Kevin Prufer

A Story about Dying

The old cat was dying in the bushes.
Its breaths came slow, slow,
              and still
it looked out over the sweetness of the back lawn,
the swaying of tall grass in the hot wind,
the way sunlight warmed the garbage can’s
sparkling lid.
       It closed its hot eyes,
then struggled them open again.

+

In unison, the dogs explained themselves
to the passing freight train.

+

I don’t know where it’s gone,
her husband said without looking up from his paper

while she stood on the back porch shaking the food bowl,
calling one of its names.

+

All this the dying old cat observed
from beneath the bushes, its head
sideways in the grass, its fur wet where the dog
had caught it in its teeth.

+

And now there’s another train,
and the dogs are explaining themselves again.

+

The food makes that sparkling sound in the metal bowl
and the cat tries to lift its body from the grass

but it’s feeling hollowed out, empty and strange
as though it’s floating just above the tips of grass,
as if its paws barely touch the blades’ rich points.

+

Sometimes, the dogs explain themselves to each other,
or to passing cars, but mostly they address the trains.
We are powerful dogs, they say,
              but we are also good,
while the children on bikes, while the joggers,
while the vast, mysterious trains
              pass them by.

+

The cat is still drifting above the grass tips,
and the sun is so bright the yard sparkles,

and wouldn’t it be nice to rest there on the garbage can’s hot lid,
there by the potted plant, there on the car’s hood?

But it wants the food glittering in the metal bowl,
the food that, also, drifts above the grass tips.

+

And then the cat floats down the tracks,
the train’s long call a whistling in its head.

+

And the dogs explain themselves to it,
we are good dogs, good dogs,
              as the cat grows
impossibly far away, we are good dogs,
as the cat is almost a memory,

is barely a taste in the mouth
of one of the chorus.

 

 

 

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May Swenson

Digging in the Garden of Age I Uncover a Live Root

        (for E. W.)

The smell of wet geraniums. On furry
leaves, transparent drops rounded
as cats’ eyes seen sideways.
Smell of the dark earth, and damp
brick of the pots you held, tamped empty.
Flash of the new trowel. Your eyes
green in greenhouse light. Smell of
your cotton smock, of your neck
in the freckled shade of your hair.
A gleam of sweat in your lip’s scoop.
Pungent geranium leaves, their wet
smell when our widening pupils met.

 

 

 

 

Frederick Seidel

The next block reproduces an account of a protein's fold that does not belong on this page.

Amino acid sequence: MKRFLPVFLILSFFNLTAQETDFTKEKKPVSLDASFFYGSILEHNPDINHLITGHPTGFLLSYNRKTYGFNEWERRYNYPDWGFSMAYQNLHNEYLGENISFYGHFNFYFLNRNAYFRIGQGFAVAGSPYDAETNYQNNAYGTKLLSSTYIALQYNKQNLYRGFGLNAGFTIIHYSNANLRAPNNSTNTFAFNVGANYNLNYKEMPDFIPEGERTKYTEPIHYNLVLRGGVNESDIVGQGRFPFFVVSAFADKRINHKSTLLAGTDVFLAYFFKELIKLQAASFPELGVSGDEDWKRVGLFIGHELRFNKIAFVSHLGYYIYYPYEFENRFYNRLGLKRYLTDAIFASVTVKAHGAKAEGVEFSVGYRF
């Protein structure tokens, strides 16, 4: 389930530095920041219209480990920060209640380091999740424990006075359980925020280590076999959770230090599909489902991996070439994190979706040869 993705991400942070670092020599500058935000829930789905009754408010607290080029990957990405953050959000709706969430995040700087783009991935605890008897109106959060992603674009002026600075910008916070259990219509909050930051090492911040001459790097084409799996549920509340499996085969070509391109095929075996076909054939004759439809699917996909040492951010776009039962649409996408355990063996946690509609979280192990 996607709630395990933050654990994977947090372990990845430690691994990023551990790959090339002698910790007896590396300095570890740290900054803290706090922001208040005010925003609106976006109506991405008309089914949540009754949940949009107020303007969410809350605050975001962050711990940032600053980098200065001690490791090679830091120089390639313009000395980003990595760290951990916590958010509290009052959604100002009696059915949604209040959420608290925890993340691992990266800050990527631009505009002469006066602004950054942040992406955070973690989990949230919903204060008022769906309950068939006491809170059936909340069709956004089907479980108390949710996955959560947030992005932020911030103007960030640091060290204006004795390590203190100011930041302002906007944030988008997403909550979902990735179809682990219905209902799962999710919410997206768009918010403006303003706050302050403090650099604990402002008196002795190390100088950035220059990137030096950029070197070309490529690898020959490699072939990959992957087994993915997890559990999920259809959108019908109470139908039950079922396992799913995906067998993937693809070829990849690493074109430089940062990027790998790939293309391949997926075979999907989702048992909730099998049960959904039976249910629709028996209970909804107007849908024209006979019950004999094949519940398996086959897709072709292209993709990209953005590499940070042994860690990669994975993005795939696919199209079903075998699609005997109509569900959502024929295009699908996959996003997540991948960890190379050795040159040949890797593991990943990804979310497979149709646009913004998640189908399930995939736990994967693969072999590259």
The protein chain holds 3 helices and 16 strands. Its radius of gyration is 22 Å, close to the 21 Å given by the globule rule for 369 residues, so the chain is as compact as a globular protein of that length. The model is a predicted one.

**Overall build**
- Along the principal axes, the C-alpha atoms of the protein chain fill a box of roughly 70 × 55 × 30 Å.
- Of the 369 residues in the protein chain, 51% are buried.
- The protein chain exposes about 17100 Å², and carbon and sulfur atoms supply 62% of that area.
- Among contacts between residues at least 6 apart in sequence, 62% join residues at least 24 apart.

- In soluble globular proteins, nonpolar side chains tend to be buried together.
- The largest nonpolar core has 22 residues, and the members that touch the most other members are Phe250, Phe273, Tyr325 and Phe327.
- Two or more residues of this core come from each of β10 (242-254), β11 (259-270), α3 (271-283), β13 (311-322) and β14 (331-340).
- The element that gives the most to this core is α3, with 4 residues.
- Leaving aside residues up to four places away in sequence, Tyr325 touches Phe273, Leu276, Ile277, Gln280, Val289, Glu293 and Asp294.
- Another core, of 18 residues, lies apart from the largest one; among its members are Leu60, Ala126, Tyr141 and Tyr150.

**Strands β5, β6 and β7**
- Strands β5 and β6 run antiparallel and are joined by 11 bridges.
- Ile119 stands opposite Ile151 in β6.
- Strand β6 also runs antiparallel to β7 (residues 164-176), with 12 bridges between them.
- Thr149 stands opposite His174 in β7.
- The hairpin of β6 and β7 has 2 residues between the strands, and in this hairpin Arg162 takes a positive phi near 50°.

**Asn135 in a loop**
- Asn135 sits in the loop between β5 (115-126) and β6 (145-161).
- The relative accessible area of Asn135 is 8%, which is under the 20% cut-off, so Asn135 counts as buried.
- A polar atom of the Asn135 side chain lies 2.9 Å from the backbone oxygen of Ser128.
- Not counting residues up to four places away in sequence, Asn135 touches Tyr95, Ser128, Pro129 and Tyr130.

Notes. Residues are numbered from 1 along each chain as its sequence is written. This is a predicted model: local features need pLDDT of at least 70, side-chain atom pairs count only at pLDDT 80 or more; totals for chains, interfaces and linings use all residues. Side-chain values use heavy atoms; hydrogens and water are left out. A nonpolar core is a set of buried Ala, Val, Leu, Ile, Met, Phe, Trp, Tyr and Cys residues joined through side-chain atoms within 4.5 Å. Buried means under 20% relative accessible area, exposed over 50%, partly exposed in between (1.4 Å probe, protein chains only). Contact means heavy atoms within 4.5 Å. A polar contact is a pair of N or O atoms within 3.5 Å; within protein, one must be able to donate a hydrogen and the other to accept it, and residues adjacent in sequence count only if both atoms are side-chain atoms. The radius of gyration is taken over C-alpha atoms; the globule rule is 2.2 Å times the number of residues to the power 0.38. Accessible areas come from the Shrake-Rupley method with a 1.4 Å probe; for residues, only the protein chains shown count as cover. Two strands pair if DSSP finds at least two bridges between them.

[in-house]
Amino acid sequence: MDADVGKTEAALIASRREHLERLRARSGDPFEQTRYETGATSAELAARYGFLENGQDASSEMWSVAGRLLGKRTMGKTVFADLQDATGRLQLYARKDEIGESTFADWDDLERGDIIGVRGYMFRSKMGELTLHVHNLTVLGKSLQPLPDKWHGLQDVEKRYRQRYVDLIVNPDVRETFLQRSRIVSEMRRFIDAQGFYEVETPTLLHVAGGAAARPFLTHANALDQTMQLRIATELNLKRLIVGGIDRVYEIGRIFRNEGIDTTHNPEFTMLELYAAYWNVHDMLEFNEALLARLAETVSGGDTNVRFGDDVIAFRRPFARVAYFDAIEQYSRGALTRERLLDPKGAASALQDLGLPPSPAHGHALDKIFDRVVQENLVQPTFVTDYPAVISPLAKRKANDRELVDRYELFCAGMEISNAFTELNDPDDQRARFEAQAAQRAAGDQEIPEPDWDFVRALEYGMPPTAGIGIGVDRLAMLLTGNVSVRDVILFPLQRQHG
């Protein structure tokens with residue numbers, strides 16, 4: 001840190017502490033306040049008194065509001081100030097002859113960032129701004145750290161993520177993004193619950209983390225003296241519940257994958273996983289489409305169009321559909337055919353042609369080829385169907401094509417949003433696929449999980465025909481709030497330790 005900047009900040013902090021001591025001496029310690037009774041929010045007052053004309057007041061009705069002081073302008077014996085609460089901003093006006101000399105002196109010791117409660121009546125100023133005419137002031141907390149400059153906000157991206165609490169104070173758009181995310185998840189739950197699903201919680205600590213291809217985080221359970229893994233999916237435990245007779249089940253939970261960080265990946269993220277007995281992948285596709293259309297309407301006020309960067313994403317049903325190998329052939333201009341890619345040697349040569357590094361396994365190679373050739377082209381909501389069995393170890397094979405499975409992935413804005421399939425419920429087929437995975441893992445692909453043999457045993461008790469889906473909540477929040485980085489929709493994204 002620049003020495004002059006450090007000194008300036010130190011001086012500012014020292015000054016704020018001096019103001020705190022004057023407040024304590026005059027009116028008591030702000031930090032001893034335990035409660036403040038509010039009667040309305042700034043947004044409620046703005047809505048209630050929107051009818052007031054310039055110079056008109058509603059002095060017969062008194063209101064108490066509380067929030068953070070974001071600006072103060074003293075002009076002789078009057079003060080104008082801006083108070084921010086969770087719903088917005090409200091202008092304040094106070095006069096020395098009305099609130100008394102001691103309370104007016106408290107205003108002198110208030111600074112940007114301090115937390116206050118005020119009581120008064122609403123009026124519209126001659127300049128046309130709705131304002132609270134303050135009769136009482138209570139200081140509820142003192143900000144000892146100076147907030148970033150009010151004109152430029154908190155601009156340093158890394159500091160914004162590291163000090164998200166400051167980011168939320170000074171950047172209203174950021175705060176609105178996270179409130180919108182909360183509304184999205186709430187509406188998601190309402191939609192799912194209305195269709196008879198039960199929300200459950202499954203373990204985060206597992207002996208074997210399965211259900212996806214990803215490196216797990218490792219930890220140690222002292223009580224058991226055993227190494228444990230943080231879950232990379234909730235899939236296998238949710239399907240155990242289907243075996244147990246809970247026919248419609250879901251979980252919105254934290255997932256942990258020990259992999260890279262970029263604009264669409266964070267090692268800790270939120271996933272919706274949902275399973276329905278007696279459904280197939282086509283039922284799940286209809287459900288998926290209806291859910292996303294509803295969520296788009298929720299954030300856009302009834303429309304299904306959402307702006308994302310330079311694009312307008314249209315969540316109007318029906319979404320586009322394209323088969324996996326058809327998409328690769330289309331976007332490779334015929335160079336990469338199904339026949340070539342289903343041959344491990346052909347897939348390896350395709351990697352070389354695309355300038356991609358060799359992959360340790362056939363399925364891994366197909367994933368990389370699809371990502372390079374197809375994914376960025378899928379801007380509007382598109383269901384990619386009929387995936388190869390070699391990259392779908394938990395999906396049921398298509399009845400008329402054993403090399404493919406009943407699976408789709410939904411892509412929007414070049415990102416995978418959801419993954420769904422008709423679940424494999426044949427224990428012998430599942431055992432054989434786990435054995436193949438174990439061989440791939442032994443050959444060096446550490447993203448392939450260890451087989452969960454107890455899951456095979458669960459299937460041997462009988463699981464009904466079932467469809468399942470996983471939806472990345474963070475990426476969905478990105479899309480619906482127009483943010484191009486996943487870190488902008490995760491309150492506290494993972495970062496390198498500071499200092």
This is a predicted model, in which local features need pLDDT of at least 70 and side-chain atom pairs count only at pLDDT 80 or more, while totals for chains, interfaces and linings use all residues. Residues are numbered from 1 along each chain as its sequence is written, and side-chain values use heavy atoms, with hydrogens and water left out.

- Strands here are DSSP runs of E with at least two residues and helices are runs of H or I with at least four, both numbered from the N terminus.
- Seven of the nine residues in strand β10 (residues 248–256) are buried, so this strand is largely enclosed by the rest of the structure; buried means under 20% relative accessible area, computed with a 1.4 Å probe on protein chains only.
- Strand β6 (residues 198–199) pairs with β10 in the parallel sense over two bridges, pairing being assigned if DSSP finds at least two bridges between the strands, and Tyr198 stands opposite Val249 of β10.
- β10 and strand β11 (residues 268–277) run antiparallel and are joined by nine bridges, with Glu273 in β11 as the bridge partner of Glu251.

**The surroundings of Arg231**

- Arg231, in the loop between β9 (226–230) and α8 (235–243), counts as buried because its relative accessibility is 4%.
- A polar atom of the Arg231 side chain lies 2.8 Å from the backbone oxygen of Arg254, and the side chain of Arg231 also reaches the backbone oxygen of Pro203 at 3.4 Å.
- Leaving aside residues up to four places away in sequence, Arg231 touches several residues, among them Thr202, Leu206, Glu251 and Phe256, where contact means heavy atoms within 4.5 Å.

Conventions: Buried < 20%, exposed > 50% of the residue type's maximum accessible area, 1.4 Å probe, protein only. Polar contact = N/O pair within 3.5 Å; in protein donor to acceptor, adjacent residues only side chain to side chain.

The Pierre Hotel, New York, 1946

The bowl of a silver spoon held candlelight,
A glistening oyster of gold.
The linen between us was snowblind, blinding white.
I felt a weight too light to weigh
Which was my wings.

I heard the quiet of his eyes.
I heard the candle flame stand still.
I saw the long line of her jaw become
Too beautiful to bear. I was a child.
I lifted my empty spoon and licked the light.

 

 

 

 

 

Frederick Seidel

City

Right now, a dog tied up in the street is barking
With the grief of being left,
A dog bereft.
Right now, a car is parking.

The dog emits
Petals of a barking flower and barking flakes of snow
That float upward from the street below
To where another victim sits:

Who listens to the whole city
And the dog honking like a car alarm,
And doesn’t mean the dog any harm,
And doesn’t feel any pity.

 

 

 

 

 

Elizabeth Spires

Small as a Seed

In everything, its opposite.
In the sun’s ascendancy,
its downfall.
In darkness, light
not yet apprehended.

At night in bed, I fear the falling-off.
Though falling, I will rise.
I fear. Fall arriving now.
In any word so small, the world.
In the world I walk in, a wild wood.

 

 

 

 

Wendy Videlock

Dear Universe

In all this calm,
in all this mist,
these vague shaped

continents

begin to drift.
A finger lifts,

falls again.
A foghorn sounds,

passionless.
Do you wonder

what we are
in all this calm,
in all this mist.

Wolf prints.

Red clay.

A slender wrist.

Murder. Magic.

Ballet.

 

 

 

 

James Arthur

Children’s Book

In which a newborn cricket walks across a field,
unable to reply to the greetings of the mantis, the moth,
and the dragonfly, until his rubbing of wing on wing

becomes a sound that can speak for him. When the last page turns,
the book itself makes a chirruping. Here is the church, and the steeple.
Here is the coffee table where the child lines up a squad

of plastic people. Can the child tell the difference
between himself and other things? He totters back and forth
on a tractor mounted on a spring. Here’s the tension

of a string pulled tight, and the child’s father rolling over and over
and over in the night: the cricket book, after much rough reading,
now chirrups nightly on its own. Finally the father, knowing

what must be done, cuts into the book with a sturdy paring knife,
looking for whatever little engine, whatever little part,
makes the lifelike cricket sound. Here is the trailer, the baler,

the harrow, the plough. Can a stem grow up from inside a stone?
Here is how to sit in silence and be alone. Here’s the yard
where yesterday the child sat watching as blowing branches made

and remade daggers of light and shade. The book’s voice box,
to the father’s eye, looks like a dime-sized bicycle bell,
and as he pries it free, the chirruping intensifies,

becoming something like the death cry of a creature
with an actual beating heart; something like a metal prong
banging indifferently on another metal part.

 


 

(first published in New York Review of Books, July 2016)